Sun 10 Apr 2016

Source code/project catalogue (discovery tool)

Brent Wood Public Seen by 374

Source code repositories are good for devs - bit not for managers/policy people looking to make strategic decisions around software purchase or development. Like open data, delivery is easy - stick it on the web in a suitable format :-)

The critical precursor - a discovery capability (not dev oriented) is required. This could be a standalone catalogue of relevant projects providing open source for govt initiatives, or perhaps incorporated in data.govt.nz.

However it is done, a suitable catalogue or discovery portal focussed on projects rather than code should be established & NZGOAL-SE should mandate its use.

This could be established very soon, & easily, & it could be populated with past & current projects.

Such a catalogue should link to the dev & home pages of software projects which have been reused (Silverstripe, Koho, Moodle, Alfresco, etc all spring to mind) as well as the local projects which reused them.


Cam Findlay Sun 10 Apr 2016

Funny enough, this is mentioned in the US FOSS policy under consultation at the moment too. See https://github.com/WhiteHouse/source-code-policy/blob/gh-pages/pages/Implementation.md

US are going to be setting up https://project-open-source.cio.gov/ as a potential discovery and guidance space. Would something like opensource.govt.nz registry or something to that effect be desirable? I note in the NZGOAL-SE there is provision for setting up further guidance notes once the licensing framework is in play.

It would be good if the policy asked as part of the release process to list it on some central discovery space (who should maintain this?). However, the set up of this discovery space would have to happen outside this policy perhaps? I know this is something I've been thinking about for Common Web Platform and reusable FOSS code generated there.

Interesting discussion @brentwood :thumbsup: keen to explore more and determine where this fits.


Rob Elshire Sun 10 Apr 2016

I'm keen to see this included somewhere. It is all well and good to have FOSS licensed software that exists somewhere in a version control system, but it has little value if it can't be found.


Roy Storey Sun 10 Apr 2016

I could see this working as a nz.govt file in the repository of the software in question, which is aggregated by opensource.govt.nz service. Examples for most languages and OS level distributions exist, think CRAN, CPAN, Rubygems, Debian APT, RedHat YUM, Windows Chocolatey, OS X Macports. Most of these have automated bots parsing the metadata files, all of which are subject to pull requests.

What is missing from these is "for managers/policy people looking to make strategic decisions around software purchase or development"

Policy wise: open source projects should include a file in format including adequate information to create an entry at .govt.nz


Cam Findlay Wed 13 Apr 2016

Would it be a workable position for NZGOAL-SE to say something along the lines of "to aid in discovery, released code projects should be submitted in the nominated discovery portal listed in any practical guidance notes"? The guidance notes then would be were we can work out the technical and practical details @roystorey mentions.

I note there is already a section for allowing further guidance notes in NZGOAL-SE draft (Section 7). The guidance notes are a more informal and updatable artefact than the NZGOAL-SE policy itself. Capturing the core principles in NZGOAL-SE and building out further practical guidance notes would help longevity and ongoing usefulness I'd imagine.

I think this might be similar to the thread on the principle of releasing in an open repository that we've had a vote on already. In that case we agreed on a principle and that we could address in specifics in practical guidance notes going forward.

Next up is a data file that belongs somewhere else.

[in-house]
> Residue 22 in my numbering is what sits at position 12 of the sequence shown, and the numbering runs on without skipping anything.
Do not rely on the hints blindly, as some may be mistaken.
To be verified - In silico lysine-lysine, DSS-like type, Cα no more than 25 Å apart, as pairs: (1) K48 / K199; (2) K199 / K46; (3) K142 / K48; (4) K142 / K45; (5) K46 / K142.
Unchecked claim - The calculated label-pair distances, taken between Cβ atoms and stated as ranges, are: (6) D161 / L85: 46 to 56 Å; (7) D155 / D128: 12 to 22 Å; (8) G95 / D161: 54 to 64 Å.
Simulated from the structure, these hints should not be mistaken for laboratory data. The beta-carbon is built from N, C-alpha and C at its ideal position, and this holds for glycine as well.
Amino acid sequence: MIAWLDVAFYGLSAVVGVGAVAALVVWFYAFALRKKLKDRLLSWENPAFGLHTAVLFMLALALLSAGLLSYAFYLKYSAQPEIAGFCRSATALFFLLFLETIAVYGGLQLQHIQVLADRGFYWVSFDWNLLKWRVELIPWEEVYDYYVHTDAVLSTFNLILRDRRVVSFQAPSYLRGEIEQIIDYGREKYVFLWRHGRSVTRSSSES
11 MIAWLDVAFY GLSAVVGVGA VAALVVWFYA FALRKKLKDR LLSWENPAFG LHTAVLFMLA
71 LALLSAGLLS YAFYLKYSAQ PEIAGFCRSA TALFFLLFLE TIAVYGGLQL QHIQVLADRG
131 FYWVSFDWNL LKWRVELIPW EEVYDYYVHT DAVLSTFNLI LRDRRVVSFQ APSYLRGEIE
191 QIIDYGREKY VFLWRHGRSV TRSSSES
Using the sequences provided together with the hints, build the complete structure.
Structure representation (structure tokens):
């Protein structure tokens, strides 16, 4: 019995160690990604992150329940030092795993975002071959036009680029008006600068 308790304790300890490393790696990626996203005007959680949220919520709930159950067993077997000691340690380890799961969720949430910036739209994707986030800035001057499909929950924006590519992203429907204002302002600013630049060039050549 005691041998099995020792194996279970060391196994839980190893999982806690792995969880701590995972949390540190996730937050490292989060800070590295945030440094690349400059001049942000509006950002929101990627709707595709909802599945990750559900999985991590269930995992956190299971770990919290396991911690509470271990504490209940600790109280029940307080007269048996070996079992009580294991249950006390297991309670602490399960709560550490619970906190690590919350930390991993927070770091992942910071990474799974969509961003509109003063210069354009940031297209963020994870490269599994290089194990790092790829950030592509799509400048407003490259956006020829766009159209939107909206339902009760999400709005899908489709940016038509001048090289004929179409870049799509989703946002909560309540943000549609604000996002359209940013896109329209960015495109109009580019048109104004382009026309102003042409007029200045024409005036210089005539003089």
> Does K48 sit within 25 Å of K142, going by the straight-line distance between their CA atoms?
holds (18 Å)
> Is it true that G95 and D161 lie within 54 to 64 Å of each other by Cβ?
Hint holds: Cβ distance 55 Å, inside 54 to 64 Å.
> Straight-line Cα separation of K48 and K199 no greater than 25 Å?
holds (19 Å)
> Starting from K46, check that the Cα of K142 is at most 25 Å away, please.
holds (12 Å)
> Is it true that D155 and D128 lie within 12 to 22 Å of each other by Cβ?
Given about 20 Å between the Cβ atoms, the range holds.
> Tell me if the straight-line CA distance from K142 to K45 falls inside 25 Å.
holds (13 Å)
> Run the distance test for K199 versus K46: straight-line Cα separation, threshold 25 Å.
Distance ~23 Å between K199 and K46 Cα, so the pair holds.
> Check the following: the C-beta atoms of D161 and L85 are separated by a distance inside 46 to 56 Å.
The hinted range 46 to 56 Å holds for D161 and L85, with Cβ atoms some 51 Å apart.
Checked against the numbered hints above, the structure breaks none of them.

Edward Abraham Wed 13 Apr 2016

I agree that this should be outside of the policy itself. Directories of things need sustained effort to maintain (which means funding). Unless actively curated, they are often stale and so not that useful. I think the focus should be as narrow as possible (choosing and applying an open source licence), with the rest of the ecosystem around that being able to develop as required. Unless there is a funded mechanism, perhaps this shouldn't be included at this stage.


Dave Lane Wed 13 Apr 2016

We could look at repurposing something like the (open source) CSIRO Permanent URL service for data sources (see this instance of it http://registry.it.csiro.au/) ... whatever it is should be self-service registration, so that project coordinators can update the pointer to their projects in a central place themselves. It's all about getting the incentives right :)


Cam Findlay started a proposal Wed 13 Apr 2016

Specific discovery tools should not be included in NZGOAL-SE as this would be out of scope (except to reference them in subsequent guidance notes). Closed Fri 15 Apr 2016

by Cam Findlay Wed 26 Apr 2017

Appears an acceptable and workable way forward on this appears to be to look at specifics in future guidance notes, with a more principled reference in the policy itself. :thumbsup:

There has been discussion here about code discovery tools and their place in NZGOAL-SE. I think we have some agreement that we should keep NZGOAL-SE scope to the licensing aspect and would like to take a quick poll on this to drive further discussion.

Agree - 7
Abstain - 7
Disagree - 7
Block - 7
7 people have voted (17%)

Edward Abraham
Thu 14 Apr 2016

Important there is some guidance of how to do this somewhere. But keep the core goal of getting software openly licensed firmly in focus.


Cam Findlay
Thu 14 Apr 2016


Dave Lane
Thu 14 Apr 2016

I do think it's within the scope to say "the repository, which will be kept up-to-date must be registered with the provided central project directory"... without needing to define that solution.


Roy Storey
Thu 14 Apr 2016

What @davelane said


Rob Elshire
Thu 14 Apr 2016


Tom Clark
Thu 14 Apr 2016


Byron Cochrane
Fri 15 Apr 2016

I concur with Dave Lane. But require entry in an audit-able and publicly accessible authoritative registry (without specifying software) as minimum requirement of publishing. Use similar language as in the versioned repository discussion.


Brent Wood Thu 14 Apr 2016

I think it is critical that DIA (& LINZ) realise that a delivery system without an effective discovery capability is pretty much a waste of effort. Given the lack of progress on geodata.govt.nz & limited support for data.govt.nz that has been apparent for the last few years, I'm far from convinced this is appreciated.